Home Book Reviews Book Review: Practice Perfect Baseball edited by Bob Bennett

Book Review: Practice Perfect Baseball edited by Bob Bennett

by Matt Smith

Practice Perfect Baseball edited by Bob Bennett (Human Kinetics, 2010), 246 pages

PPBPractice Perfect Baseball, the latest baseball coaching manual from Human Kinetics, taps into the experience and expertise of a distinguished group of college coaches, providing a collection of essays that should give every coach some new ideas on how to improve their practice sessions. 

The book is split into 14 chapters, each written by a different coach and each taking a look at a distinct area that a baseball coach may wish to focus on. 

They range from the technical side of the game, such as a chapter full of drills and advice on how to fine-tune team fielding, to offering key pointers on how to establish a ‘practice work ethic’ among your players.  Every chapter is clearly written, often breaking up each element covered into a user-friendly section, and diagrams and photos are used to complement the text where necessary. 

The use of the word ‘perfect’ in the title may make you flinch, but it is used in the sense of being what you should aspire to rather than setting perfection as the standard benchmark for all your endeavours.  The search for perfection is there to make you question ‘how can we get the most out of each drill’ and ‘how can we get the most out of each training session’?  In both cases, the basic answer from all of the coaches showcased in this book can be summed up in one word: ‘organization’. As explained in the Preface:

“Because baseball has so many facets, both offensively and defensively, practice organization is sometimes difficult.  Practice Perfect Baseball teaches coaches how to organize practice, get the most out of players, best use the allotted time, and assess talent and evaluate practices and games”.

As the book is looking at coaching through the eyes of top college coaches, there are passages and sections which might not be directly applicable to many coaches in Britain.  When Keith Madison encourages you to “post the practice schedule every day before 10.00 a.m. at the same specific spot on campus”, it’s not simply the lack of a campus that might hinder your ability to follow through exactly on his advice.  Coming up with ideas on how to make training interesting every day is not such a concern because outside of the Stateside colleague programmes, it takes a lot of commitment to fit in even a couple of sessions per week.  Similarly scouting your opponents might be a key part of life in Division I college ball, as noted in the ‘Focusing on the Forthcoming Opponent’ chapter, but it’s unlikely to figure highly in the list of priorities for a coach of a Single-A British team.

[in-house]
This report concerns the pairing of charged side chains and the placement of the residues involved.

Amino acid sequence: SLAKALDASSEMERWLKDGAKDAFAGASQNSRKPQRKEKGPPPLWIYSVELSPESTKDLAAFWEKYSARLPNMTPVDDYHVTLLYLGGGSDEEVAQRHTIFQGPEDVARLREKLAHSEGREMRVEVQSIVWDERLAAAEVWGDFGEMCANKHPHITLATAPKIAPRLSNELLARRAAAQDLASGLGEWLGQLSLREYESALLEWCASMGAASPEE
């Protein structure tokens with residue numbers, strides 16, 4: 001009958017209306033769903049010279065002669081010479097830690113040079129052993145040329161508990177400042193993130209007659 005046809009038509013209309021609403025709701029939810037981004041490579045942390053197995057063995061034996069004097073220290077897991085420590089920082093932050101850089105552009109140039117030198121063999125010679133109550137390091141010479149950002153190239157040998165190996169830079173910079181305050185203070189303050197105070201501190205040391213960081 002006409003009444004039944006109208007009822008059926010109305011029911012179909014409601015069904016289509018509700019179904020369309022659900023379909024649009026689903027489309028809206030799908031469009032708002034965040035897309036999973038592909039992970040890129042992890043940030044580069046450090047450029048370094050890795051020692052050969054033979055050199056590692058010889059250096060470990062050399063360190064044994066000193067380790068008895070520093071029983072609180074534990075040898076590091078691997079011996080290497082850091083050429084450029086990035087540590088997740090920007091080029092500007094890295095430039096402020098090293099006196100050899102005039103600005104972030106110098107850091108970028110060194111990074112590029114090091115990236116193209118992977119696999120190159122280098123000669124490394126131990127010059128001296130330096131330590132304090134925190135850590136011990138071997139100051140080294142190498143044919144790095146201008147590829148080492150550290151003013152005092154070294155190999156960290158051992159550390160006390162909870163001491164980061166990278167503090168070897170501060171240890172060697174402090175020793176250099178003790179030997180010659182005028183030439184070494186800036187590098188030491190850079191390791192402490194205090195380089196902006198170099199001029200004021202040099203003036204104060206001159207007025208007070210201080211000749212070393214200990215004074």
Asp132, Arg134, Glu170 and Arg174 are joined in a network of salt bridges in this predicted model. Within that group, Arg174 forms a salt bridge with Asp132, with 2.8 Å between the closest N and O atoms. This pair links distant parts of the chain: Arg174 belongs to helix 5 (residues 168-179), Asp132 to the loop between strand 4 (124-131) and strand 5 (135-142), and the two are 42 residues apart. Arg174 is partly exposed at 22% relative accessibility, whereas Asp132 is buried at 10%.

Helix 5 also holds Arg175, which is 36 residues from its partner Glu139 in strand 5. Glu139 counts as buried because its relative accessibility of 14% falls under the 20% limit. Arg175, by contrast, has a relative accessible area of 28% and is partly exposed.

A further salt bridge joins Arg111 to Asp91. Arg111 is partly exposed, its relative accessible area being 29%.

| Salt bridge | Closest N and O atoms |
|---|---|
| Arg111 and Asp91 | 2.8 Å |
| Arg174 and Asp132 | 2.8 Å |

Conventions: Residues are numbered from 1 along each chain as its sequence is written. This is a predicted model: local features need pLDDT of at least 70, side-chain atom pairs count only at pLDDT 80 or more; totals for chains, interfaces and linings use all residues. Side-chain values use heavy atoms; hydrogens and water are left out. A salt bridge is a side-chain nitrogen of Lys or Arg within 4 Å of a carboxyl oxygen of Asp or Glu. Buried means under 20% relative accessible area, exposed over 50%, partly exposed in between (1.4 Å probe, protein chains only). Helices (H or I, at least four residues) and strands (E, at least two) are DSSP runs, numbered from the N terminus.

However, even in these sections, the fundamental themes they are writing about apply to any level of baseball and it’s easy enough to tailor the advice to fit your particular circumstances.  For instance, the points raised by Dan Hartleb on scouting pre-game infield and outfield practice could come in very handy for teams looking to quickly assess their opponents prior to a game.

The ease at which you can tailor the advice is relevant to both the ‘organization’ chapters and the more technical sections that mix well throughout the book.  The former group includes such topics as ‘Planning Productive Practices’, ‘Assessing Team Strengths’ and ‘Evaluating Practice Sessions’.  The latter is an especially useful chapter as evaluating the effectiveness of a training session, from an individual and a team perspective, is an essential part of making sure the practice is achieving the desired benefits, while also giving coaches the opportunity to improve their craft by learning through experience.

As for the technical side, the ‘Maximizing Batting Practice’ chapter goes into an impressive amount of detail on things coaches should look for when running BP, while the ‘Perfecting Positional Play’ chapter offers clear drills that you can work on to recreate a variety of different fielding situations. No coach needs to be told how important ‘fundamentals’ are to a team and this book does a great job of dissecting the basics of the game from a coaching standpoint.

Practice Perfect Baseball isn’t a ‘coaching 101’ type of book that simply spells out some drills that can be added into your current routine.  It is a tool for coaches to learn from and to help them improve, thus allowing them to organize and run better practice sessions.  It’s therefore not the book you would start from, but it’s definitely worth a look for a coach who wants to think more deeply about his role.

Have you read “Practice Perfect Baseball”? Feel free to share your thoughts in the comments section below. Can you recommend any other similar books? If so, let us know.

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